The President’s annual State of the Union Address can effectively act as a thermometer of the nation’s post-election mood and bring the issues back to a new Congress. But it is also executive grandstanding at its finest. It was true when Woodrow Wilson, the schoolmaster of politics, revived the practice in 1913—and it is still true today. But the new and divided 118th Congress has already proven ready and capable of making their prerogatives as obvious as jeers from their pews and the pins on their lapels.
Rep. George Santos (R-New York) and Rep. Alina Paulina Luna (R-Florida) were spotted wearing brass AR-15 lapel pins in lieu of the usual American flag pin on the day of the State of the Union Address. The two freshmen representatives wasted no time before the address in establishing themselves as the latest and most controversial members of the Freedom Caucus. Santos is noted for the half-truths and falsehoods relating to his resume and personal life. Luna, the first Mexican-American woman to represent Florida, styles herself as unapologetically pro-Trump and pro-2A. Never mind that support for the former does not equal support for the latter.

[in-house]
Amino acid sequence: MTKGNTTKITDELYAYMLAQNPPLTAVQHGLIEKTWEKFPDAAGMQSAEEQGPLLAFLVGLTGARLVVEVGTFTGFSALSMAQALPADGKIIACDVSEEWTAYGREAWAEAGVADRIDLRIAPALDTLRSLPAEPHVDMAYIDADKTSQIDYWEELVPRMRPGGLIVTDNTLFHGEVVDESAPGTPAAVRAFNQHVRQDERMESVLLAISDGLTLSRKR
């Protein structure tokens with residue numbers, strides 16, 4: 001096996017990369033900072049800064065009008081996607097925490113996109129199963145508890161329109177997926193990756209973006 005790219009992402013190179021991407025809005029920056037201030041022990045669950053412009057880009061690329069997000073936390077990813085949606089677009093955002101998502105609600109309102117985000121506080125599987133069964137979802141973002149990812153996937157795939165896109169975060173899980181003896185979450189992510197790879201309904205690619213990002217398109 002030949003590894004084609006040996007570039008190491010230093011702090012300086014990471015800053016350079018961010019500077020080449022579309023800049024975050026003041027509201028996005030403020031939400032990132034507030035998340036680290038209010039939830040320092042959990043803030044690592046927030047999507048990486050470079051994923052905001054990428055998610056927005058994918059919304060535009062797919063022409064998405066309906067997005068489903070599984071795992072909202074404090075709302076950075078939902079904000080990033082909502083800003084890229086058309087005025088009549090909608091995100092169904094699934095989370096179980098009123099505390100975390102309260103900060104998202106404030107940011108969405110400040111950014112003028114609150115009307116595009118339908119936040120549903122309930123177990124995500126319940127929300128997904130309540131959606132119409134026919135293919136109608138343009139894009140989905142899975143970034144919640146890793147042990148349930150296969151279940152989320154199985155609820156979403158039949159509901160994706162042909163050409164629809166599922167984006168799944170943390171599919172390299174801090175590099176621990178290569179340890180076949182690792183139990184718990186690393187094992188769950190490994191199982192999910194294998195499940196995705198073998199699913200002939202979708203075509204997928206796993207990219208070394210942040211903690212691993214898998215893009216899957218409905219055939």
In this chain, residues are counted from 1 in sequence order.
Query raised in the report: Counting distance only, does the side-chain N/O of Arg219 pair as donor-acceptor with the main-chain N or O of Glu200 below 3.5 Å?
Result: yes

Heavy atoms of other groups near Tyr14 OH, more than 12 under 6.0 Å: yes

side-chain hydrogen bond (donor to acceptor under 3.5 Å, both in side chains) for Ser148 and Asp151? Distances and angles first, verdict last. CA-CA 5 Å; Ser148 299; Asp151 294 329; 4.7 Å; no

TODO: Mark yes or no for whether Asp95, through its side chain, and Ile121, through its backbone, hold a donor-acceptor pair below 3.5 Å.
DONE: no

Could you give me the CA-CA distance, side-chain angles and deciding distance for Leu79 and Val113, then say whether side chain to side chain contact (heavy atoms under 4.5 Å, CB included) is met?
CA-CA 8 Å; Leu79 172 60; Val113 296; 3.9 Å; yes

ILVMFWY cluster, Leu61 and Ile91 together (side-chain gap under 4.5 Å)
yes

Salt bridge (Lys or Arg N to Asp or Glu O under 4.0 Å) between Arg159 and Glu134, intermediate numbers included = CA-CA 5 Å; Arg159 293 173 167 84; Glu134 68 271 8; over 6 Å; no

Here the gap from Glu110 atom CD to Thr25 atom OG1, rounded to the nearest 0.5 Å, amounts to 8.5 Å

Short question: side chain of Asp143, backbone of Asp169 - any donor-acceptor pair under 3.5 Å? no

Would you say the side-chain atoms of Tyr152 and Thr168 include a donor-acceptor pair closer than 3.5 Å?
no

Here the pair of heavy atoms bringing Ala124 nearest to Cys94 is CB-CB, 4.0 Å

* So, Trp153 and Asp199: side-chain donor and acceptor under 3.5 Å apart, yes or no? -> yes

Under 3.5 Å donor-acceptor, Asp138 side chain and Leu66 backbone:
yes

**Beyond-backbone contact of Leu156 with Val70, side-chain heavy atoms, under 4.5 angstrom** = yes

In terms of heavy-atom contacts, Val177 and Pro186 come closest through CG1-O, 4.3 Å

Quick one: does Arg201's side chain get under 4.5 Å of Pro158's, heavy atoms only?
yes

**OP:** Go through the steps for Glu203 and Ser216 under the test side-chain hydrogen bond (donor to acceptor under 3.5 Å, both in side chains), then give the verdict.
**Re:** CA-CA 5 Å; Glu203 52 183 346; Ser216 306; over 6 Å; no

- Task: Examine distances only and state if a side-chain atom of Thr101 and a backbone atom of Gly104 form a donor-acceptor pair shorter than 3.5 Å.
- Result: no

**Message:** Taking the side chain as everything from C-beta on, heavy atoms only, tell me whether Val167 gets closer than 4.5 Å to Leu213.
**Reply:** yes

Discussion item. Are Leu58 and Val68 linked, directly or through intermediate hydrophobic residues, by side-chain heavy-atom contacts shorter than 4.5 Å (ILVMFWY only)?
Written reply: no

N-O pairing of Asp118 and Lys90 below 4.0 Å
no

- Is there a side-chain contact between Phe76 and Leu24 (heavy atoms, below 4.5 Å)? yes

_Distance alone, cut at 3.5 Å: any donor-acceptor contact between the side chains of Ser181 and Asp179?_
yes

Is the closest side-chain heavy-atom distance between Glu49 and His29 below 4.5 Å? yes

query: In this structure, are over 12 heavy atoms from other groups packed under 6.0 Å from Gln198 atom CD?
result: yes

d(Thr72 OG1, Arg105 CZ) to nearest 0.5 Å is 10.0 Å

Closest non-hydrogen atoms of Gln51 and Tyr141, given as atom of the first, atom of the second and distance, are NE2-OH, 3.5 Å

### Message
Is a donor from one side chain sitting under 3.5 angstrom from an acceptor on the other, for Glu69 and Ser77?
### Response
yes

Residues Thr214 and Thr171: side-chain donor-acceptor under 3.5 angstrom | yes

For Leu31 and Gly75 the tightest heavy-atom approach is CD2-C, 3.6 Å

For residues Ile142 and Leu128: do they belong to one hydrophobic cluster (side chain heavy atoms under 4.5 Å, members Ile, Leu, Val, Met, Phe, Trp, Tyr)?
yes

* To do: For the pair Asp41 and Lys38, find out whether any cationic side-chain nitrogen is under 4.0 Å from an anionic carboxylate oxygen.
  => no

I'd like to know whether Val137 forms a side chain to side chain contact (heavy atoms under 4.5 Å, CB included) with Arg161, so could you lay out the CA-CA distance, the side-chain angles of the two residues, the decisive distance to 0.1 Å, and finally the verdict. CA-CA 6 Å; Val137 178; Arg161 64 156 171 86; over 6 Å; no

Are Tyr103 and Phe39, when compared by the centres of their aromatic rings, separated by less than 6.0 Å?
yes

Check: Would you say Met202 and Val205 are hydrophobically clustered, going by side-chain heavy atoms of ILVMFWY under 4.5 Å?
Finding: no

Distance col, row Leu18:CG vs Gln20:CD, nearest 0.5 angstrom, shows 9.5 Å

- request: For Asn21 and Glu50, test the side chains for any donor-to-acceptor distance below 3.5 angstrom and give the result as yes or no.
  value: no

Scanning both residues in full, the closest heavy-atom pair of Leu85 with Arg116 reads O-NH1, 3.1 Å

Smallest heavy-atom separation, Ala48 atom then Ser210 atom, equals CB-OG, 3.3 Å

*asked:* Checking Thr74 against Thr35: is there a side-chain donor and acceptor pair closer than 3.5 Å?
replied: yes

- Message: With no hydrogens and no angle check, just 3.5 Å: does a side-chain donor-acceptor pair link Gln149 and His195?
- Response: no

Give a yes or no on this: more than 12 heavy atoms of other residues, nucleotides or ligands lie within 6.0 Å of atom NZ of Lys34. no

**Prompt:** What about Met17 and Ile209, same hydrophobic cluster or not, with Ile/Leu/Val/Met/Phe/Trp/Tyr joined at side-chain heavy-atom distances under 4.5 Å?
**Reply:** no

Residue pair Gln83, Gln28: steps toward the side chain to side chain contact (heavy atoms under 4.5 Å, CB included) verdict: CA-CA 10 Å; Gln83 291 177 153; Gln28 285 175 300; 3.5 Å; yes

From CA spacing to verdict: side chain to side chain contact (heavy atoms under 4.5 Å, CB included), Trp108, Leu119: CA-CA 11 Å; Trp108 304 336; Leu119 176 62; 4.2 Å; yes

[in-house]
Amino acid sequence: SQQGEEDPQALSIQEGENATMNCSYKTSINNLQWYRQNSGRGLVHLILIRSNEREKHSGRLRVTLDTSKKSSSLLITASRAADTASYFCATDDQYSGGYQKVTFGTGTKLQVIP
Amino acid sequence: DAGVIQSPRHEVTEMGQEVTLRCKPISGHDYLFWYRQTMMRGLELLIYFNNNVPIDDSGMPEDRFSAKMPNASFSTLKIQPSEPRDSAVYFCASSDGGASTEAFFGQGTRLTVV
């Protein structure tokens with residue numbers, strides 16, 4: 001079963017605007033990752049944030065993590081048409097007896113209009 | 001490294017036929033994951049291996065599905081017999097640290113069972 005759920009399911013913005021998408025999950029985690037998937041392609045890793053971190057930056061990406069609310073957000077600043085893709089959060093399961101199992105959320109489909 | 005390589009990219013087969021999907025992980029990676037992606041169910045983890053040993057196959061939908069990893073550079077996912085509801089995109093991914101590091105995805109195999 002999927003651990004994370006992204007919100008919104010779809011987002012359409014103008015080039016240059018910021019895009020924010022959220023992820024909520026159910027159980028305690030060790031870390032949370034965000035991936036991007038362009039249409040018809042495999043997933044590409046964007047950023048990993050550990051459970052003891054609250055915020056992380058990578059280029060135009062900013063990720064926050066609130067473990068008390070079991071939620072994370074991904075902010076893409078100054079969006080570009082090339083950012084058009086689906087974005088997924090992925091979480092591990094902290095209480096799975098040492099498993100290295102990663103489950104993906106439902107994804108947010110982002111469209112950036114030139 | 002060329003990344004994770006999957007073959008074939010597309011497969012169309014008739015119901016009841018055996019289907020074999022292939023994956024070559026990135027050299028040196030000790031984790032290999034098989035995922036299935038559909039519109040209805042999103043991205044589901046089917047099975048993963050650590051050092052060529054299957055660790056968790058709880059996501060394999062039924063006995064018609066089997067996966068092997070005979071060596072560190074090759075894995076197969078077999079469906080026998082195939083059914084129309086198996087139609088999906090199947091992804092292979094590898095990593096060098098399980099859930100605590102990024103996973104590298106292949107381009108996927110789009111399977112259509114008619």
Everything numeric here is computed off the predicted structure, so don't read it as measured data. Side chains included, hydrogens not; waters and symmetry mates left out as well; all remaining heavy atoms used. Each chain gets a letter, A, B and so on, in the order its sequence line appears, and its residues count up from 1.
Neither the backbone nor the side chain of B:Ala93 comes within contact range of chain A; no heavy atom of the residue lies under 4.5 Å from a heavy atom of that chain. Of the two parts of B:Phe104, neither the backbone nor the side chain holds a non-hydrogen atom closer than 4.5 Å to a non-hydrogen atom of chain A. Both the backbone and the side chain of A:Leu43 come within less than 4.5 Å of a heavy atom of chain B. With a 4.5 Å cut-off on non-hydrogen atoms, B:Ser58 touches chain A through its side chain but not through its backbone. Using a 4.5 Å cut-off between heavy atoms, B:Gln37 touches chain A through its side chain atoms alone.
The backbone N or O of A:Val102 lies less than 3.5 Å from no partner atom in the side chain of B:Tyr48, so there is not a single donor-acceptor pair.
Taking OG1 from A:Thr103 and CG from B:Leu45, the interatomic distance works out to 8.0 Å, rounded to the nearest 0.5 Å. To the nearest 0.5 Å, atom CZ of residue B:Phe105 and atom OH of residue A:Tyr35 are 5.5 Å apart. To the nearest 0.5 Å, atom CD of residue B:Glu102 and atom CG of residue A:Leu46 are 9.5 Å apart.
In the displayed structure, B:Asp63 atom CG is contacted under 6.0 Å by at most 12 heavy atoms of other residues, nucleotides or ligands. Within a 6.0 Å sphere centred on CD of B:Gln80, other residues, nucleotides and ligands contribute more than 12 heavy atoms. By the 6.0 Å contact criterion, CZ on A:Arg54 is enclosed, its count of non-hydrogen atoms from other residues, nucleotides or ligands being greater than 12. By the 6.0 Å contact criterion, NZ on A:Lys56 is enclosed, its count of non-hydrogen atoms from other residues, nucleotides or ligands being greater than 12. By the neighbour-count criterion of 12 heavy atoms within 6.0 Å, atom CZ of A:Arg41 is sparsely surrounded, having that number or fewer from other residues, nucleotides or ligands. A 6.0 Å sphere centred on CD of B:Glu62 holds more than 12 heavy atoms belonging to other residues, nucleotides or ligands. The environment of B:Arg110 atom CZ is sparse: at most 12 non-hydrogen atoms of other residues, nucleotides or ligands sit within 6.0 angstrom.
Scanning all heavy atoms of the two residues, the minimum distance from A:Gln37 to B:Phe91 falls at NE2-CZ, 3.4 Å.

Santos wore his AR lapel pin at the address proper while Luna was spotted wearing the same pin during committee meetings earlier in the day to pledge support for the Second Amendment–and clearly done to cause consternation.
Some Democratic lawmakers such as Rep. Jimmy Gomez (D-California) took the bait. Gomez said the display “lacked common decency” on the heels of a few high-profile mass shootings in his home state.
Rep. Andrew Clyde (R-GA) claimed responsibility for handing out the pins. Clyde is a pro-2A firebrand and owns one of the largest gun stores in his home state of Georgia. On the subsequent backlash, Clyde cooly responded, “If I missed you on the House floor, please stop by my office in Cannon. I have plenty more to give out.”